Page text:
Dull? No, to me, utterly intriguing and atmospheric. Leon establishes the place, the landscape, the atmosphere, the history, for two pages. On page three, the body that the reader is, by then, expecting to be found in that field, is discovered. By that point, we have been fully drawn into the setting, fully involved in the suspense and tension. It is like a long, slow, zoom shot, focusing ever closer on the place where the ploughshare lifts the first bone.
    To me, this is far, far more compelling that being flung into the middle of a conversation between people whose names I do not yet know, or worse, the middle of some violent action between characters who are strangers to me, in the first line or two.
    Call me eccentric.

    Reply
  39. As to actual opening lines, I like something a good deal more subtle than is favoured by the present fashion, and I like to read at least a page of scene-setting build-up before being flung into the action.
    Here is the opening line of Donna Leon’s ‘A noble radiance’ (1999):
    ‘There was nothing much to notice about the field, a hundred-metre square of dried grass below a small village in the foothills of the Dolomites’.
    Dull? No, to me, utterly intriguing and atmospheric. Leon establishes the place, the landscape, the atmosphere, the history, for two pages. On page three, the body that the reader is, by then, expecting to be found in that field, is discovered. By that point, we have been fully drawn into the setting, fully involved in the suspense and tension. It is like a long, slow, zoom shot, focusing ever closer on the place where the ploughshare lifts the first bone.
    To me, this is far, far more compelling that being flung into the middle of a conversation between people whose names I do not yet know, or worse, the middle of some violent action between characters who are strangers to me, in the first line or two.
    Call me eccentric.

    Reply
  40. I used to love long, luxurious openings to books too. Though I lamented their passing, I have to admit I’m partial to the barn burners now.
    I find I now like books that start with a bang. Not an actual one. I read a few that did,and though they got my attention, they made me start giggling.
    But, Oh my lamentable memory! I can’t come up with many great ones right now.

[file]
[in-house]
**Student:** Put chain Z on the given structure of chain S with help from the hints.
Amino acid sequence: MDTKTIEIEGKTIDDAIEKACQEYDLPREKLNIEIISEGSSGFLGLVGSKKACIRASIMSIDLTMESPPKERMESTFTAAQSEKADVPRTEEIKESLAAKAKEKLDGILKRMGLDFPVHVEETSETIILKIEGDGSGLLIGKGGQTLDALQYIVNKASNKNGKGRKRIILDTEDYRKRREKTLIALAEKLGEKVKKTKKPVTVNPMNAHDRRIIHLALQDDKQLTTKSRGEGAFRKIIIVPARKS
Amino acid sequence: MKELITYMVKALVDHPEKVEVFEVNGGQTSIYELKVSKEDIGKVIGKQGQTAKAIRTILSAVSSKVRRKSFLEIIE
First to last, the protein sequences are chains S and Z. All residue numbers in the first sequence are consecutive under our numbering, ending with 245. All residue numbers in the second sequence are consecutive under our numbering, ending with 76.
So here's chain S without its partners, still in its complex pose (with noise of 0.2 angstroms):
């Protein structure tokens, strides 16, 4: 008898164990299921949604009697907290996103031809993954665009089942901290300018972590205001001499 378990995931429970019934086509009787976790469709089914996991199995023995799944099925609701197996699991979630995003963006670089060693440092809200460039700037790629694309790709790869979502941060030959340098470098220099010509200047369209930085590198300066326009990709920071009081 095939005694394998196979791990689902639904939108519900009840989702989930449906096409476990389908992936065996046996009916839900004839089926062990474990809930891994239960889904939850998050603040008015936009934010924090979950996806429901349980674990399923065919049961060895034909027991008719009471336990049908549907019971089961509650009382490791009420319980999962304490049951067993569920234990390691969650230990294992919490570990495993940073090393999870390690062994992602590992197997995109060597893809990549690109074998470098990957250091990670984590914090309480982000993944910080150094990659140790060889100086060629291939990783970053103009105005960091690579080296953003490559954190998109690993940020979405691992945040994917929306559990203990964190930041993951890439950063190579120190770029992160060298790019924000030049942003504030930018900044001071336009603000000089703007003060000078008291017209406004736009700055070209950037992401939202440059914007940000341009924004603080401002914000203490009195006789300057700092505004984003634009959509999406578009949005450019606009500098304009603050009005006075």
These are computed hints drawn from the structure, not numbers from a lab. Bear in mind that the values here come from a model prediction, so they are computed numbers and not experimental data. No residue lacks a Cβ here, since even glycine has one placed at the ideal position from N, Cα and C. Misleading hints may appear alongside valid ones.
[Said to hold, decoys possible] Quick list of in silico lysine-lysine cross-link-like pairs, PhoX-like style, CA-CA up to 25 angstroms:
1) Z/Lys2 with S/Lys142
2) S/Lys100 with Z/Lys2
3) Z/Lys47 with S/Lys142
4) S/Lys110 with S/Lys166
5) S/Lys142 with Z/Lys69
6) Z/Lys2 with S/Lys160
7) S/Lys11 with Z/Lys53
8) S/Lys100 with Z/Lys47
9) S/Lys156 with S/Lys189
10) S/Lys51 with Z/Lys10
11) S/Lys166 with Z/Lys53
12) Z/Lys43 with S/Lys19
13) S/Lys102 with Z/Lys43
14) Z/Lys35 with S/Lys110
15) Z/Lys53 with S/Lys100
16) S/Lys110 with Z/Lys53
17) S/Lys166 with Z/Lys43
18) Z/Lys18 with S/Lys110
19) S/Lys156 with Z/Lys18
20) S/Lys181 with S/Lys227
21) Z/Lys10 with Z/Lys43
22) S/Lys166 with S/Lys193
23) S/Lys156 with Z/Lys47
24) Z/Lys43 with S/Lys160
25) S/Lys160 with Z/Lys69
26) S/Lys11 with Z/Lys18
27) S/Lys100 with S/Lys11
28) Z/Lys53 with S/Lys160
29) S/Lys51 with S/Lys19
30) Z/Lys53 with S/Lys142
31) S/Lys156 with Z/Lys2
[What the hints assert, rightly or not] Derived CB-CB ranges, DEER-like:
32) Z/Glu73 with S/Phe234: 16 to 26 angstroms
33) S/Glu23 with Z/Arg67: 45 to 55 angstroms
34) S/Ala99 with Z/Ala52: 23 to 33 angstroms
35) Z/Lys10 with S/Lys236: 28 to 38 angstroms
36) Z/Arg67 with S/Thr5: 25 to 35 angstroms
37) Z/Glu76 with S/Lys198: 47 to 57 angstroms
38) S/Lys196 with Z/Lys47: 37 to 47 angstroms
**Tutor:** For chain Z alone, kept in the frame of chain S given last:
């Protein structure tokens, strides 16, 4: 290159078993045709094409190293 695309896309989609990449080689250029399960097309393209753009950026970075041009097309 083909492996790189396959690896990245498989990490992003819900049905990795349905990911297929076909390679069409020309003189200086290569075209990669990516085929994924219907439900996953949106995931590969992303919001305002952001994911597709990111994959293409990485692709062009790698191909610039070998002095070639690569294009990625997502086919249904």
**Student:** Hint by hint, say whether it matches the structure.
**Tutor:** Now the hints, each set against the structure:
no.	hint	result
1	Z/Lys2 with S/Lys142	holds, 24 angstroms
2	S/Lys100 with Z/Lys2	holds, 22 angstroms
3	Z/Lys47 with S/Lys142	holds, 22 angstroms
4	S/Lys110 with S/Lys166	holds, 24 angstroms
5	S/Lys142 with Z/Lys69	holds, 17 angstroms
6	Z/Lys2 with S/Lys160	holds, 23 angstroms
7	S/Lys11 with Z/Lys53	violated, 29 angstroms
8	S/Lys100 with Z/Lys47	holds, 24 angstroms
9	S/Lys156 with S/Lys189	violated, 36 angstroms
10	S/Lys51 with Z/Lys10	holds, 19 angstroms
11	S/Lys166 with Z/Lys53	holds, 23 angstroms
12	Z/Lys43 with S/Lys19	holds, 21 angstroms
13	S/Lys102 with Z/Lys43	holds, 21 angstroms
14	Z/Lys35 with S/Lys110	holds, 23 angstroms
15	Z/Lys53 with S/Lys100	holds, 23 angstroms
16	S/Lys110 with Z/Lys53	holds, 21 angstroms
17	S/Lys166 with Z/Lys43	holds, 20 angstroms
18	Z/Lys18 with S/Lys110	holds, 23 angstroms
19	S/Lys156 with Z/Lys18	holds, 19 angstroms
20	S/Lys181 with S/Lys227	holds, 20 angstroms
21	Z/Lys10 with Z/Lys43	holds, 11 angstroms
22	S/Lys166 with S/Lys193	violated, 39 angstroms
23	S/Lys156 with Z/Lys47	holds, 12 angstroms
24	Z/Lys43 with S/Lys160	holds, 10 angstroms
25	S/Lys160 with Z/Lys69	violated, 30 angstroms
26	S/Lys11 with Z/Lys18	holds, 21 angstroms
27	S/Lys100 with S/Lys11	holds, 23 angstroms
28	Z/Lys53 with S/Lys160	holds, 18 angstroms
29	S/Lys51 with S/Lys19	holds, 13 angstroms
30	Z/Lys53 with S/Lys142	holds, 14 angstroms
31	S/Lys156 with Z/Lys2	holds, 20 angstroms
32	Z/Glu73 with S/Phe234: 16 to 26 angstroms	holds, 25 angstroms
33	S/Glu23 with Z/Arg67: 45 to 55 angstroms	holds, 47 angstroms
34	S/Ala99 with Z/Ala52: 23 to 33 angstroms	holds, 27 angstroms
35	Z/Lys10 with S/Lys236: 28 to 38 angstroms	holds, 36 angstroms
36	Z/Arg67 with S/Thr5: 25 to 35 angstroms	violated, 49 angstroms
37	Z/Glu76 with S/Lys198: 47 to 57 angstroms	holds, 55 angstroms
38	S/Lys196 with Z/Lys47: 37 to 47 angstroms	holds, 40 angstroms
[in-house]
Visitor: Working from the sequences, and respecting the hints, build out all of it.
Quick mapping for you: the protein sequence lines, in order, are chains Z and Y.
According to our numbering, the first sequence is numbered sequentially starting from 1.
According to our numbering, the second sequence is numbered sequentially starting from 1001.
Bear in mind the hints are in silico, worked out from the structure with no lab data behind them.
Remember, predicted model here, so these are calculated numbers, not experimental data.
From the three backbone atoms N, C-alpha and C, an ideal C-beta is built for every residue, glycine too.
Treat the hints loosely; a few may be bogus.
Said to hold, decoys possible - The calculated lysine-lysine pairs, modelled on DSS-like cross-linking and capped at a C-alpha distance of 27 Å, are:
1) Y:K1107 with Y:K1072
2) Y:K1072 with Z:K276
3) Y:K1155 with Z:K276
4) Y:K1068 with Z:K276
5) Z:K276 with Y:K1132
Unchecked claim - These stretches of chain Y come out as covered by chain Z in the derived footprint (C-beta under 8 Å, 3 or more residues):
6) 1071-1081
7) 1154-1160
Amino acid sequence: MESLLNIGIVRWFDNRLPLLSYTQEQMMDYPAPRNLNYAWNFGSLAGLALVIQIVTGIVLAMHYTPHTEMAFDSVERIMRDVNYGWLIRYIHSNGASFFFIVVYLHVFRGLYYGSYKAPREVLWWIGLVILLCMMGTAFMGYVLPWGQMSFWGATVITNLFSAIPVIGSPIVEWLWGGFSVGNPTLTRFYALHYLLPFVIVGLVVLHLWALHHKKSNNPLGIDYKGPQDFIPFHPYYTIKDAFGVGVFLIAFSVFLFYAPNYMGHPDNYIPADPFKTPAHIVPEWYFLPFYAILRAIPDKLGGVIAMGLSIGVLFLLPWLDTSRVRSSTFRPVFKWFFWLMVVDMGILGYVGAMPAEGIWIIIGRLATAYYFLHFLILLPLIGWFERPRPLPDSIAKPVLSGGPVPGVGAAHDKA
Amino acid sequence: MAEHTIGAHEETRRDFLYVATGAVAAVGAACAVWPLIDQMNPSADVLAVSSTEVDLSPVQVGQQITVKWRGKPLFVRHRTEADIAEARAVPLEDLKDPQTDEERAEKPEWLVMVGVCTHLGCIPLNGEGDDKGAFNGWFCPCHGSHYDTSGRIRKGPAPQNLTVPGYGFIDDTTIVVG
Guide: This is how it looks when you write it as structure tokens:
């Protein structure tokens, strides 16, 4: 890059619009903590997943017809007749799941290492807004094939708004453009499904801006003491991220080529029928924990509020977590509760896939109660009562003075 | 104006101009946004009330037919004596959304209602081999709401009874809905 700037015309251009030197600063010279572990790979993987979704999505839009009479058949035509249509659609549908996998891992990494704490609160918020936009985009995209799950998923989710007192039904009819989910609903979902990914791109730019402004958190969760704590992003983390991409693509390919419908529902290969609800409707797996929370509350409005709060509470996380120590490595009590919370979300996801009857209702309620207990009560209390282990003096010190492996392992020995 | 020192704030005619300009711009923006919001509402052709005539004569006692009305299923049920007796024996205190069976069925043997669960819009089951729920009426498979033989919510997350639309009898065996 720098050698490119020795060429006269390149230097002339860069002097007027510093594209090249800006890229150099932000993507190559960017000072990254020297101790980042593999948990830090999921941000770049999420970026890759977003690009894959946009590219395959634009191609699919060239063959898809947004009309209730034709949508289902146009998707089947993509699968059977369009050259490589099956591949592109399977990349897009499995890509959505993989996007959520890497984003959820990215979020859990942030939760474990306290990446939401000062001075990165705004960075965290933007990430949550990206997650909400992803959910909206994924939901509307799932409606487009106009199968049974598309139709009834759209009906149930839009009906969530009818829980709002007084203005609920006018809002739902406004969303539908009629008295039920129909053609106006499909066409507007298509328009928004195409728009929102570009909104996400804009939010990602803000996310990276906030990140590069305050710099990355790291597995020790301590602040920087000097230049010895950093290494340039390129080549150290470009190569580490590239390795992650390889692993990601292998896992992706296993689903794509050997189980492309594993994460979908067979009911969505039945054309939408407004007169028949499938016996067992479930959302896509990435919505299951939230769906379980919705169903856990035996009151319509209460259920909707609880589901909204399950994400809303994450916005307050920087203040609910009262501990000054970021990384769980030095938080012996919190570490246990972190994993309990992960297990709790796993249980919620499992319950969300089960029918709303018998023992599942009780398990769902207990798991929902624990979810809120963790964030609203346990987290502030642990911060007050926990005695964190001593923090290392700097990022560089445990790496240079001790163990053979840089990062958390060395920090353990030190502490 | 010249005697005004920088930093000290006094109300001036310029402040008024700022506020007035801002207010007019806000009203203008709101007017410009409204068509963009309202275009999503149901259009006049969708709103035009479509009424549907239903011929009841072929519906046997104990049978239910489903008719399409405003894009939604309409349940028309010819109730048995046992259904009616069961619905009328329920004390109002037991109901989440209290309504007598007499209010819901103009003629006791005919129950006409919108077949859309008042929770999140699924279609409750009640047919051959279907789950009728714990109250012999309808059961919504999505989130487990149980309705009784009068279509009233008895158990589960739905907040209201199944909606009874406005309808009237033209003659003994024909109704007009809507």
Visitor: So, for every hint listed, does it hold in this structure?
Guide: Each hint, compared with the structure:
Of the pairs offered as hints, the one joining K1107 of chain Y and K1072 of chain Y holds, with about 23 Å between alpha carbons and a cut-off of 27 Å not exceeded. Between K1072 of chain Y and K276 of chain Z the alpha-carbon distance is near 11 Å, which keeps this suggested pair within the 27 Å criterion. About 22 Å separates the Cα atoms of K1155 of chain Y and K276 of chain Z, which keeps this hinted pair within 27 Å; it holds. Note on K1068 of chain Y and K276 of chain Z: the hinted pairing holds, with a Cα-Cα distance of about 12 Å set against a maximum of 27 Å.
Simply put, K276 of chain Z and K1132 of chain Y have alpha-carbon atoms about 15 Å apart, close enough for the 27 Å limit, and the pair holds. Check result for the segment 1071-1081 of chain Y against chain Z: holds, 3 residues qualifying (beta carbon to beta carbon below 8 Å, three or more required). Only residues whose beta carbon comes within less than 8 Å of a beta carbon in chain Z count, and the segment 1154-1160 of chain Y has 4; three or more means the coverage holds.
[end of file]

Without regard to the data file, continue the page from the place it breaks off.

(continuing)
Still, the great Terry Paratchett almost never goes wrong (that is,once he stopped explaining the great Turtle, which he always did at the beginning of his early books)
    Just picked one up at random, and it’s hard to beat, isn’t it?
    “The wind howled. The storm crackled on the mountains. Lightning prodded the crags like an old man trying to get an elusive blackberry pip out of his false teeth.”
    MASKERADE

    Reply
  41. I used to love long, luxurious openings to books too. Though I lamented their passing, I have to admit I’m partial to the barn burners now.
    I find I now like books that start with a bang. Not an actual one. I read a few that did,and though they got my attention, they made me start giggling.
    But, Oh my lamentable memory! I can’t come up with many great ones right now.
    Still, the great Terry Paratchett almost never goes wrong (that is,once he stopped explaining the great Turtle, which he always did at the beginning of his early books)
    Just picked one up at random, and it’s hard to beat, isn’t it?
    “The wind howled. The storm crackled on the mountains. Lightning prodded the crags like an old man trying to get an elusive blackberry pip out of his false teeth.”
    MASKERADE

    Reply
  42. I used to love long, luxurious openings to books too. Though I lamented their passing, I have to admit I’m partial to the barn burners now.
    I find I now like books that start with a bang. Not an actual one. I read a few that did,and though they got my attention, they made me start giggling.
    But, Oh my lamentable memory! I can’t come up with many great ones right now.
    Still, the great Terry Paratchett almost never goes wrong (that is,once he stopped explaining the great Turtle, which he always did at the beginning of his early books)
    Just picked one up at random, and it’s hard to beat, isn’t it?
    “The wind howled. The storm crackled on the mountains. Lightning prodded the crags like an old man trying to get an elusive blackberry pip out of his false teeth.”
    MASKERADE

    Reply
  43. Great topic. I am one of those who reads a first page in order to decide whether or not I’ll like a book. I’m partial to a certain writing style. (long sentences,as I mentioned in a previous post) — and something of the feeling of Jane Austen.